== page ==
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HK to PH: Apologize for officials who mishandled crisis

Paterno Esmaquel II
Hong Kong says it's not demanding a personal apology from President Aquino but from the PH gov't for the failure of its officials in handling the rescue of hostages

REMEMBER THE PROBE? Members of the Incident Investigation and Review Committee panel inspect the bus of the August 23, 2010 hostage crisis inside a military camp in Taguig City on Sept 8, 2010. File photo by Francis Malasig/EPA

MANILA, Philippines – Hong Kong challenged the Philippines on Tuesday, February 18, to apologize not simply for the act of a desperate individual, but for the failure of local officials in handling a 2010 hostage crisis in Manila that left Chinese tourists dead.

Officials implicated in the hostage crisis include then Manila Mayor Alfredo Lim, then Interior Undersecretary Rico Puno, and then National Police Director General Jesus Verzosa.

Hong Kong Chief Executive CY Leung, in effect, refuted a frequent argument by Philippine President Benigno Aquino III in refusing to say sorry. Aquino said “the act of one individual…probably mentally unstable at that point in time, should not be construed as the act of the entire country.” (READ: DFA on Erap’s HK apology: Aquino’s stand prevails)

Leung however said: “The victims and their families are not demanding and have never demanded a personal apology from the Philippine president for the criminal act committed by an individual, as some have alleged. They are seeking an apology from the Philippine government for the failure and lapses of their officials in handling the rescue operation, during which 8 Hong Kong residents lost their lives and 7 others sustained injuries.”

Hong Kong’s leader said in a media briefing in Hong Kong: “In other words, they demand an apology that is consistent with the findings of the official investigation commissioned by the Philippine government.” 

Leung said this nearly two weeks after Hong Kong implemented the “first phase of sanctions” on the Philippines over the hostage crisis.

In the recent sanction, China’s special administrative region cancelled the 14-day visa-free status for official and diplomatic Filipino passport holders. The Philippines, on the other hand, repeated its offer of “tokens of solidarity.”

Aquino didn’t punish Lim

LONG-TIME ALLIES. President Benigno Aquino III (3rd from left) neglects a recommendation to suspend former Manila Mayor Alfredo Lim (4th from left, beside Aquino) over the 2010 hostage crisis. File photo by Haiko Magtrayo/Rappler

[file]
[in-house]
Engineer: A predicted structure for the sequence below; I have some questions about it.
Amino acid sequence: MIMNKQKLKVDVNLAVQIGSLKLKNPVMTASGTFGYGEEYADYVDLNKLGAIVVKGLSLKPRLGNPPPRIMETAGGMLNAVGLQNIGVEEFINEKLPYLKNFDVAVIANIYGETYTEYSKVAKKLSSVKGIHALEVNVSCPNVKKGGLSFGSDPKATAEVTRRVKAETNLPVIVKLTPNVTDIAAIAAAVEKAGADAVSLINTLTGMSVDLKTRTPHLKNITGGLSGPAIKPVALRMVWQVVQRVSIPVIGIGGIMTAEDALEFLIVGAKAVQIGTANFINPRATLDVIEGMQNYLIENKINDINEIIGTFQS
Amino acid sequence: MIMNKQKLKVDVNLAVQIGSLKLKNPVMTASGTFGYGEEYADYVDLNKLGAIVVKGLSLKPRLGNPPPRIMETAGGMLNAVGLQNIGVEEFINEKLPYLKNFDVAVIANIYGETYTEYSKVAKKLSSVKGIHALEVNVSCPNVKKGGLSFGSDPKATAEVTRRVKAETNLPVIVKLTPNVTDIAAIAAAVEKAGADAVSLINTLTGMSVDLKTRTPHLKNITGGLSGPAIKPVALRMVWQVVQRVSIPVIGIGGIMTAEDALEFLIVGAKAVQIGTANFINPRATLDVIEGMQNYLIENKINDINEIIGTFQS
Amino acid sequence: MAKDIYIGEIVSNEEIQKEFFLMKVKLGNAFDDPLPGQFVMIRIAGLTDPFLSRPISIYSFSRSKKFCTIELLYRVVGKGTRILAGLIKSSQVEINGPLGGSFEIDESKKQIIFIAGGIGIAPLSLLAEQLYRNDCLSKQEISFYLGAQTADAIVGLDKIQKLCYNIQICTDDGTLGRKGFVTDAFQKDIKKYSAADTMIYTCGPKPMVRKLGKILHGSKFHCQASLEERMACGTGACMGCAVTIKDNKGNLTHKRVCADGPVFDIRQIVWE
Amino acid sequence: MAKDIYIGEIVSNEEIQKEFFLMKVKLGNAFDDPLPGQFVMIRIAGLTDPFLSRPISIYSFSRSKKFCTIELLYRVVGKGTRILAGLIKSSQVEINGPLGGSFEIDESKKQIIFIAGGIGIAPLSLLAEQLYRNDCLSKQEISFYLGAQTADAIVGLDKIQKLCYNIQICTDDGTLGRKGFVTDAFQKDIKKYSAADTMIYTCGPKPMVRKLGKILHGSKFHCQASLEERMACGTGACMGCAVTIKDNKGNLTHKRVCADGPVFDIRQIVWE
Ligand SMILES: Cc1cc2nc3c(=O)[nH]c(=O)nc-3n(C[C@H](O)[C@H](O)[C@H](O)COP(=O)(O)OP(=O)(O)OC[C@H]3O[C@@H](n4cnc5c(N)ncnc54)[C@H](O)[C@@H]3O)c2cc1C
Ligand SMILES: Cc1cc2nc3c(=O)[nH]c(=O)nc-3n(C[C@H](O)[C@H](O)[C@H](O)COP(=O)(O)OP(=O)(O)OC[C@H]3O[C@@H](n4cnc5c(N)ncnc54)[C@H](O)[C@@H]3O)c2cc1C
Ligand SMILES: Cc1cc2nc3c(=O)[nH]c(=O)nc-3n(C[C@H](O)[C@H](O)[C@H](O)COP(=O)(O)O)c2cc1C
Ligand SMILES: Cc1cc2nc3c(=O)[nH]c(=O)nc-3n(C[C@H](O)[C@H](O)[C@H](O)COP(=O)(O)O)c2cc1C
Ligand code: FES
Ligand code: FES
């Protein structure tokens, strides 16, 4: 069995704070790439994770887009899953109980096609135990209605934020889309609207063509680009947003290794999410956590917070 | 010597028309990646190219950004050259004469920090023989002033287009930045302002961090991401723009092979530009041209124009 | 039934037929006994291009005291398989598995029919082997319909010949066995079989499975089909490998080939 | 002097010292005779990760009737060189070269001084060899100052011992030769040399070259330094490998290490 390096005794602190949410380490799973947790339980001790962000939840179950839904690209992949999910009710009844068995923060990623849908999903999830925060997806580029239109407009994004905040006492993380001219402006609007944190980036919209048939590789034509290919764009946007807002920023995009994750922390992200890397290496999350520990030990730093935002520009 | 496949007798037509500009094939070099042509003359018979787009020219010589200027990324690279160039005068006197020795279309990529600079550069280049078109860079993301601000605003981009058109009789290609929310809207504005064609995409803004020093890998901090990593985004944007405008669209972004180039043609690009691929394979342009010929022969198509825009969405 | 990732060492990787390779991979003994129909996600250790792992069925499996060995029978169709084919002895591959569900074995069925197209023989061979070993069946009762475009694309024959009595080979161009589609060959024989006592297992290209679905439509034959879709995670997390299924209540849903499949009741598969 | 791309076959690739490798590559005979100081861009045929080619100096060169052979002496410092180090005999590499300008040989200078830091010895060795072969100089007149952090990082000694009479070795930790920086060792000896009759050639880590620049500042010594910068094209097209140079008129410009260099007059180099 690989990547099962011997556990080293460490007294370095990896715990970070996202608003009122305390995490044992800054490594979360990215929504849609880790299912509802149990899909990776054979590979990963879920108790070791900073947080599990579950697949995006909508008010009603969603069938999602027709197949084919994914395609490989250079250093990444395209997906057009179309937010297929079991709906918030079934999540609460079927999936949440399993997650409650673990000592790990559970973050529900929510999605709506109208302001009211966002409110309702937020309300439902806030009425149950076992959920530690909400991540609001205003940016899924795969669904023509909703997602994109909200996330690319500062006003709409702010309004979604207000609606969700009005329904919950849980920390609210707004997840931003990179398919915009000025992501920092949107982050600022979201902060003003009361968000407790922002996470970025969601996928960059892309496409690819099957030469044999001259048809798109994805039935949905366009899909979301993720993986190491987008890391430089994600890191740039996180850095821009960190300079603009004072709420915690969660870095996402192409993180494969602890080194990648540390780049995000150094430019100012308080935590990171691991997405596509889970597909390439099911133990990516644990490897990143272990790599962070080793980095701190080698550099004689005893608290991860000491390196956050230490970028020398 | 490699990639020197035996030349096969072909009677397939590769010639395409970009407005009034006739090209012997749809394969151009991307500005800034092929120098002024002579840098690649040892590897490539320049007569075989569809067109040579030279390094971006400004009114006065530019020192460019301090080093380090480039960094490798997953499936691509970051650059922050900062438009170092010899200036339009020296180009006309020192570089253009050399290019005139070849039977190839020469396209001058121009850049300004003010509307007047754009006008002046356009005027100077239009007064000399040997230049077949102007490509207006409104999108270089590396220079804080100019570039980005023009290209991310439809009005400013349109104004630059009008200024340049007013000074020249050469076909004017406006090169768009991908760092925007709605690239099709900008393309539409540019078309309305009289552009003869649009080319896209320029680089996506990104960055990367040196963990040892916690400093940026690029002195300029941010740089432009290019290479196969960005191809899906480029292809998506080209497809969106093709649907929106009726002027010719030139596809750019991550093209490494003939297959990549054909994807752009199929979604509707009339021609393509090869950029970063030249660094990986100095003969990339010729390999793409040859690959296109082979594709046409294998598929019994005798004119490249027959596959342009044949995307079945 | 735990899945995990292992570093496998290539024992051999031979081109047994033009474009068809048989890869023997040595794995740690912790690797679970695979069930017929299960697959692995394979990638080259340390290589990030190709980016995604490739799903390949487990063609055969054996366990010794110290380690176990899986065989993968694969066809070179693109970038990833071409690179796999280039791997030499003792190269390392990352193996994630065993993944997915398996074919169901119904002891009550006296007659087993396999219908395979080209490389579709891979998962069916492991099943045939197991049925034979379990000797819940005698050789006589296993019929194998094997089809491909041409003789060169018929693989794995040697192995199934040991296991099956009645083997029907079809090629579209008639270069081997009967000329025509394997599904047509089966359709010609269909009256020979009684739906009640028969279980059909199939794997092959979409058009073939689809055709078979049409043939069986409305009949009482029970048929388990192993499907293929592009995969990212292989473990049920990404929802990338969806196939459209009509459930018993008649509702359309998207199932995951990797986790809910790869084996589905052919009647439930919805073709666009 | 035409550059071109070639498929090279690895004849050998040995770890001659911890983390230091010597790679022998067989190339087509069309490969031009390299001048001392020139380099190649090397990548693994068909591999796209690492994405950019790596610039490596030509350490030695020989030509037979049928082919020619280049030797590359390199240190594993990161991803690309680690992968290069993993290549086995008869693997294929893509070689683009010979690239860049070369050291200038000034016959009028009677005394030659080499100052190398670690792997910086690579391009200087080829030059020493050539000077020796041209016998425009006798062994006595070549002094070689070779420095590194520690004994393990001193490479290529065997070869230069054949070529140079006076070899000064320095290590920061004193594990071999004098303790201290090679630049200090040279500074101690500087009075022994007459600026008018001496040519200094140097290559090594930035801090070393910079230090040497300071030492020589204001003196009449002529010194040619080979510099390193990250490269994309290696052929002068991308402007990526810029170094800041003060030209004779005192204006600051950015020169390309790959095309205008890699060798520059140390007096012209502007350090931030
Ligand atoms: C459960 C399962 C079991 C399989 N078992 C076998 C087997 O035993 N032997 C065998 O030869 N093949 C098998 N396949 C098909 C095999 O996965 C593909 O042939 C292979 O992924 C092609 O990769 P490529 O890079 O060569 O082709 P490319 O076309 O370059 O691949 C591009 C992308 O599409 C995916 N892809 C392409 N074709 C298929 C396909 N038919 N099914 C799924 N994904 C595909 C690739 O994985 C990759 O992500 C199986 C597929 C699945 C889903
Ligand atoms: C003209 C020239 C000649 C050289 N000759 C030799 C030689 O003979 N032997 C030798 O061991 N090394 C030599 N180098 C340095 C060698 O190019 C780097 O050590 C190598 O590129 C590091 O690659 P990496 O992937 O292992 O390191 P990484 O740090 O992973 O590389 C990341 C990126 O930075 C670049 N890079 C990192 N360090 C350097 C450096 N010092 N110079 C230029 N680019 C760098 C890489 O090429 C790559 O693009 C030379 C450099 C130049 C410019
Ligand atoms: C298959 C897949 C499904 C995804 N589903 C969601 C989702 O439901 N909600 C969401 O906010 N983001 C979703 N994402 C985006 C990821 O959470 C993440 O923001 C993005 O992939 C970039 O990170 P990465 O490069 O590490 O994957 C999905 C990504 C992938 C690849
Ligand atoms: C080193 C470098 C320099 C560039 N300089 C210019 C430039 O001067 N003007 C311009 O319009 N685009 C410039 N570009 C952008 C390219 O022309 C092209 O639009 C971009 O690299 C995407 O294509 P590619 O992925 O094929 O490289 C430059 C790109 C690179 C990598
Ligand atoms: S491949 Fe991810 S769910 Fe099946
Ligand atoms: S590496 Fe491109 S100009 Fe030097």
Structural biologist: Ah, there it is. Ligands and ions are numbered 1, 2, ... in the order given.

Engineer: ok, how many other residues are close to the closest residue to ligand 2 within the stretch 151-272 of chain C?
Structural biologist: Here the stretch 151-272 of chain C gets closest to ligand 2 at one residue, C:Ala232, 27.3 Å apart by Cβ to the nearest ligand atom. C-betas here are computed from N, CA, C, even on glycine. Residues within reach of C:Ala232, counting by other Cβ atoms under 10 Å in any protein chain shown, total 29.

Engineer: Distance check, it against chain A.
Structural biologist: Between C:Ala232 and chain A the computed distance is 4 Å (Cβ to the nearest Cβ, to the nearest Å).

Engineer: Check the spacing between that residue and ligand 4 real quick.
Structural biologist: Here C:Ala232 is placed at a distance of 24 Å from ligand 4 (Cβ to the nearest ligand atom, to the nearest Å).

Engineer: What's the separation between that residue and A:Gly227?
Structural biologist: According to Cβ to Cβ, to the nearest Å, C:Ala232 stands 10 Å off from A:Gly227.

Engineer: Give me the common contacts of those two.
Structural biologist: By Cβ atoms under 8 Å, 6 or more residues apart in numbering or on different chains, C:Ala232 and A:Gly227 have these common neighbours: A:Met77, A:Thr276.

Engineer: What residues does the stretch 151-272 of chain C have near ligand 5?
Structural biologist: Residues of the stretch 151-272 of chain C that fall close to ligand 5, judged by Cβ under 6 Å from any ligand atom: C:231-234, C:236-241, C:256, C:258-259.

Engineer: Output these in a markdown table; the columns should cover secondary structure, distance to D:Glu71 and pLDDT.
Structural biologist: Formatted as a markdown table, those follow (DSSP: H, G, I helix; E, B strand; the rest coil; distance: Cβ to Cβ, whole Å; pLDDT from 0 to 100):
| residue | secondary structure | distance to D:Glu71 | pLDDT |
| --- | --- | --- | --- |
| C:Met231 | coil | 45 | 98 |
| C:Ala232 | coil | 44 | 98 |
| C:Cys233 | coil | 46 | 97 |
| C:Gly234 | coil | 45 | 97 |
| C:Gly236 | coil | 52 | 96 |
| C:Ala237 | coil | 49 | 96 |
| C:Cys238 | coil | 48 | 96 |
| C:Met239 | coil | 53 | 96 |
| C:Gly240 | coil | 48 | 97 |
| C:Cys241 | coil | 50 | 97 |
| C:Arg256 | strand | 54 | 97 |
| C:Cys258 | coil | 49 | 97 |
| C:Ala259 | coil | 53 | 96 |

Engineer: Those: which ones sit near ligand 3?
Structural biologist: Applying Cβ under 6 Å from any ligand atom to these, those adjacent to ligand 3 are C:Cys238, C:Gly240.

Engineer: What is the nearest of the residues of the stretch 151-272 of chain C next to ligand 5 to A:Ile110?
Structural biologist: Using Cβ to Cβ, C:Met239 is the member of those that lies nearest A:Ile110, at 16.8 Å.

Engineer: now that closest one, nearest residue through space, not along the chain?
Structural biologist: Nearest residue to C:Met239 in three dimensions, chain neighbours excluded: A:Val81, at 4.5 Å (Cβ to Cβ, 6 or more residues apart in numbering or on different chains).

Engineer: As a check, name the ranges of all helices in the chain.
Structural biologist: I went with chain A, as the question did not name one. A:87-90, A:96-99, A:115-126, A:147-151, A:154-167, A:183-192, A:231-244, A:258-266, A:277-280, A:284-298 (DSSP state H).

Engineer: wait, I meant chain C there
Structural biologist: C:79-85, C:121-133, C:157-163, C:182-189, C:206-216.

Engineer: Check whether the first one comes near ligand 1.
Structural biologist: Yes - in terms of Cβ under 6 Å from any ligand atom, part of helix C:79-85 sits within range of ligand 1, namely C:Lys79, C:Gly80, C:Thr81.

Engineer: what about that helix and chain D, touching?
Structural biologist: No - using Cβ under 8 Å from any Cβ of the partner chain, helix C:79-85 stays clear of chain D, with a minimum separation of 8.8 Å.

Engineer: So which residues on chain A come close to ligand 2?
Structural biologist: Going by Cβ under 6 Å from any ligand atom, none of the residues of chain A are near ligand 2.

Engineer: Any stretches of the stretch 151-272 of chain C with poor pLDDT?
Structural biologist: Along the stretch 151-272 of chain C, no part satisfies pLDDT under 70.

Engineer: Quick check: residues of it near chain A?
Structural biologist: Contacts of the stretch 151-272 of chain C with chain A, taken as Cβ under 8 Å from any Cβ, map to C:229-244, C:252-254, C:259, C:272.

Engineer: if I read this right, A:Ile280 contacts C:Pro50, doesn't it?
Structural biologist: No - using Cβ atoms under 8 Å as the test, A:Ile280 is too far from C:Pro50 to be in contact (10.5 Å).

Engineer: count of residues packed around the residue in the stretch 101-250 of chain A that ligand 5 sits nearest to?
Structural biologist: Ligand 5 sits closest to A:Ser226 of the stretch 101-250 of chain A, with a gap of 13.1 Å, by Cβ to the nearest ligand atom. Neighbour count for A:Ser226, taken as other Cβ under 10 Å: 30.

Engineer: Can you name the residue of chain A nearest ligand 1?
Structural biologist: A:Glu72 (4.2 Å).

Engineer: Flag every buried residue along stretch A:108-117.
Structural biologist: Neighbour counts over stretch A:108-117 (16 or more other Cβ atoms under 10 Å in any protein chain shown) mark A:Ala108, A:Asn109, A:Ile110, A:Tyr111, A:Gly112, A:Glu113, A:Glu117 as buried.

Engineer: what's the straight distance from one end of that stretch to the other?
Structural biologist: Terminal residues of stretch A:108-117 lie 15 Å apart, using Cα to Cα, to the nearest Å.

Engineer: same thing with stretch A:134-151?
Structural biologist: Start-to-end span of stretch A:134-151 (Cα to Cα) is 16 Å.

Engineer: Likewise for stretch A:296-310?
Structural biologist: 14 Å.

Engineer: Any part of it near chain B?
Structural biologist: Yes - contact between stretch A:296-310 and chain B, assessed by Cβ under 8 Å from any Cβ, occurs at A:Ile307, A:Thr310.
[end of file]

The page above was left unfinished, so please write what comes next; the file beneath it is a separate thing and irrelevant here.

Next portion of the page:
On Tuesday, Leung didn’t specify the Philippine investigation he based his statement on. Previous reports, however, tag Lim, Puno, and Verzosa as among the 10 officials responsible.

In April 2013, Rappler reported that the late Interior Secretary Jesse Robredo recommended a one-month suspension for Lim over the hostage crisis.

Aquino, who is Lim’s long-time family friend and political ally, failed to act on this.

Before Robredo’s recommendations surfaced in the media, the Philippine Center for Investigative Journalism disclosed unpublished sections of a key report on the hostage-taking incident.

In 2010, the Incident Investigation and Review Committee (IIRC) found Lim, Puno, and Verzosa criminally and administratively liable.

Aquino eventually cleared Puno and Verzosa. For Lim, he only authorized the filing of administrative charges for “misconduct and simple neglect.”

‘Why implicate them?’

STILL WAITING. In this 2011 file photo, relatives of the 8 dead Hong Kong nationals attend a ceremony at the Quirino Grandstand, the site of the hostage-taking tragedy. File photo by EPA/Dennis M Sabangan

Citing unnamed sources, the PCIJ said Aquino reportedly complained about the IIRC report: “Napatapang ‘ata masyado ah. Bakit kasama pa sila Puno, Lim, at Verzosa?” (It’s too strongly worded. Why are we implicating Puno, Lim, and Verzosa?)

The President said “he had no problem, however, about filing suit against the other police officers named in the report,” according to the PCIJ.

This report hounds the Philippine government to this day.

On Tuesday, Hong Kong’s leader warned the Philippines: “Our position has been clear and consistent. The door to further discussions between the two sides remains open and the ball is in the Philippines’ court.”

Leung continued, “I urge the Philippine government to demonstrate sincerity and resolve in bringing the discussion to a satisfactory conclusion so that we do not have to implement further sanctions.” –


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Paterno Esmaquel II

Paterno R. Esmaquel II, news editor of Rappler, specializes in covering religion and foreign affairs. He obtained his MA Journalism degree from Ateneo and later finished MSc Asian Studies (Religions in Plural Societies) at RSIS, Singapore. For story ideas or feedback, email him at